Three pictures in this book show the interaction of a king and his son. One shows King John the Good, Charles VI's grandfather, investing his young son, Charles, with the Dauphiné (Fig. 121). Two others offer examples of good and bad kingship that were especially appropriate to a dauphin named Louis. The miniature beginning Louis the Stammerer's life (Fig. 122) shows Louis compromising himself to gain power; he gives the barons anything they want in order to win their favor. In the process, Louis grasps his son's wrist to compel him to participate. A complementary image from another section of the chronicle shows the prince's willing compliance when his father is a positive influence. In this picture from the beginning of the life of Saint Louis (Fig. 123), the young Louis sits next to his father, Louis VIII, and helps supervise the burning of heretics.


Figure 121
John the Good invests Charles with the Dauphiné.
Grandes Chroniques de France . Bibliothèque Royale,
Ms. 3, fol. 373.
Copyright Bibliothèque Royale Albert Ier, Brussels.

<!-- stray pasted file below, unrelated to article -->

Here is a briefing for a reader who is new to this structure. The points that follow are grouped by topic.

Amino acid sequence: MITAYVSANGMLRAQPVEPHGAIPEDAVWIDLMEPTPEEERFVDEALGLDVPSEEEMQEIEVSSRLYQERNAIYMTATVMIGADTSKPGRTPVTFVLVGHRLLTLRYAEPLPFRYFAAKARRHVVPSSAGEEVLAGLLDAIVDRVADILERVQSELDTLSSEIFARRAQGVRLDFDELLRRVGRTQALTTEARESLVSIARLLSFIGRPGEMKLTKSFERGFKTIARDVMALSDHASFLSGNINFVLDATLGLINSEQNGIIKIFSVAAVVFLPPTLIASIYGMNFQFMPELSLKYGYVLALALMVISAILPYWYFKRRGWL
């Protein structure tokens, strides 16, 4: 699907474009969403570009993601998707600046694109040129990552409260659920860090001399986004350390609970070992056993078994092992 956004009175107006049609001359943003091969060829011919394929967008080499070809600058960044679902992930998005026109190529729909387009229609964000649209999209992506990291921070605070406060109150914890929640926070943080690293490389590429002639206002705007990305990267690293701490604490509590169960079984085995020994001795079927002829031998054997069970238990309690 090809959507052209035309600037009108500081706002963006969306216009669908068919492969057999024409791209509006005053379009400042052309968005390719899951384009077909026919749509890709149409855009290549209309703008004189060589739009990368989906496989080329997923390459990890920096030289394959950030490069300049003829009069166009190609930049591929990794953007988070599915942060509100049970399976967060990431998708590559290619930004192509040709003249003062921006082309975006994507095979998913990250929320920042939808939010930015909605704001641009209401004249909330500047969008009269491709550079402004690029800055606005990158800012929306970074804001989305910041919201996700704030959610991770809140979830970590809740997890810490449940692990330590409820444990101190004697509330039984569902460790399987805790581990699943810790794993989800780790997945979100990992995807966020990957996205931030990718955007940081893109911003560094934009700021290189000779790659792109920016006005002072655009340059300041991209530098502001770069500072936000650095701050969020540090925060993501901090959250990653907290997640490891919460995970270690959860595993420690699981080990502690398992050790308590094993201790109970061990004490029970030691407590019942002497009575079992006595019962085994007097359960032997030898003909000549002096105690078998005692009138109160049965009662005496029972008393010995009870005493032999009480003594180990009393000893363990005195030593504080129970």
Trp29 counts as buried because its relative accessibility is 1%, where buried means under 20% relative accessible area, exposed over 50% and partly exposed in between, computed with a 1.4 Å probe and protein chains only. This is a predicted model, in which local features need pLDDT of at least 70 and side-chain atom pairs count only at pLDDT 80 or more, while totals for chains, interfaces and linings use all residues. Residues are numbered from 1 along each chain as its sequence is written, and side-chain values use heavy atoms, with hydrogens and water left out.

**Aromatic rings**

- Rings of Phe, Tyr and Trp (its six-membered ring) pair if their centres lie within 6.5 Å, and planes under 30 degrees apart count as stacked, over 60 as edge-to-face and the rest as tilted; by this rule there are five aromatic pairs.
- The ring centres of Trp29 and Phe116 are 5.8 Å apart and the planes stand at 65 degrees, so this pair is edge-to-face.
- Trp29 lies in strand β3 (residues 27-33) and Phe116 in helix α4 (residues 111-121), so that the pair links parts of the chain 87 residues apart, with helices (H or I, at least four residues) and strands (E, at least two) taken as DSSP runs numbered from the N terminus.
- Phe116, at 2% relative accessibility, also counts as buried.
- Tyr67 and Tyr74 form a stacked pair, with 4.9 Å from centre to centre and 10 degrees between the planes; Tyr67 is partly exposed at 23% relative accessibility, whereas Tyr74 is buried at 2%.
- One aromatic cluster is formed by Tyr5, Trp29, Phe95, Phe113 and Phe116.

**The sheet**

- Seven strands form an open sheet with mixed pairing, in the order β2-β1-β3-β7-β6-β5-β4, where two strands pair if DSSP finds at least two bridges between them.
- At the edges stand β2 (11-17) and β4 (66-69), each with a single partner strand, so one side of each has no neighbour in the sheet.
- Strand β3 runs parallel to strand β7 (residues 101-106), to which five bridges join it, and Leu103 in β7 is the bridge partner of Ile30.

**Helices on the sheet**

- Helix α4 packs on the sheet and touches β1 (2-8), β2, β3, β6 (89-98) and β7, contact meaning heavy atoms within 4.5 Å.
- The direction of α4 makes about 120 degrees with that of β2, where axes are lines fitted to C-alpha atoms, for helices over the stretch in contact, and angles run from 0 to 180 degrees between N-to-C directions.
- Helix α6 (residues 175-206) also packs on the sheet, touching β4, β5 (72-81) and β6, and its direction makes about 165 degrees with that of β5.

Neither miniature faithfully reflects the chronicle's text.[31] Louis the Stammerer had two sons—Louis and Carloman—neither of whom was mentioned in the chapter that this picture illustrates. Further, Saint Louis did not take part in his father's persecution of heretics; his father was in the south of France and Louis was in Paris. By departing from the text in representing kings with heirs named Louis, the artist created compositional and thematic analogies. They were apt choices for exempla at the time when Charles VI's son, Louis of Guyenne, was dauphin.

Like the emphasis on queenship in the Grandes Chroniques now in Paris, the focus on the dauphin in B.R. 3 paralleled contemporary historical events and reflected concerns expressed in contemporary literature. The ordinance of 1407 empowering Louis of Guyenne to rule during his father's "absences" made the dauphin the most important person in the realm besides the king. His education was addressed by Christine de Pizan in several works and by Jean Gerson in a treatise sent to the tutor of the dauphin, Jean d'Arsonval, and dated between 1408 and 1414.[32] These writings discussed the religious, moral, and intellectual formation of the future king and frequently cited examples of past kings, most notably Louis of Guyenne's famous ancestor, Saint Louis, as models of government.


Figure 122
Louis the Stammerer and his son Louis accede to barons.
Grandes Chroniques de France . Bibliothèque Royale, Ms. 3,
fol. 147v. Copyright Bibliothèque Royale Albert Ier, Brussels.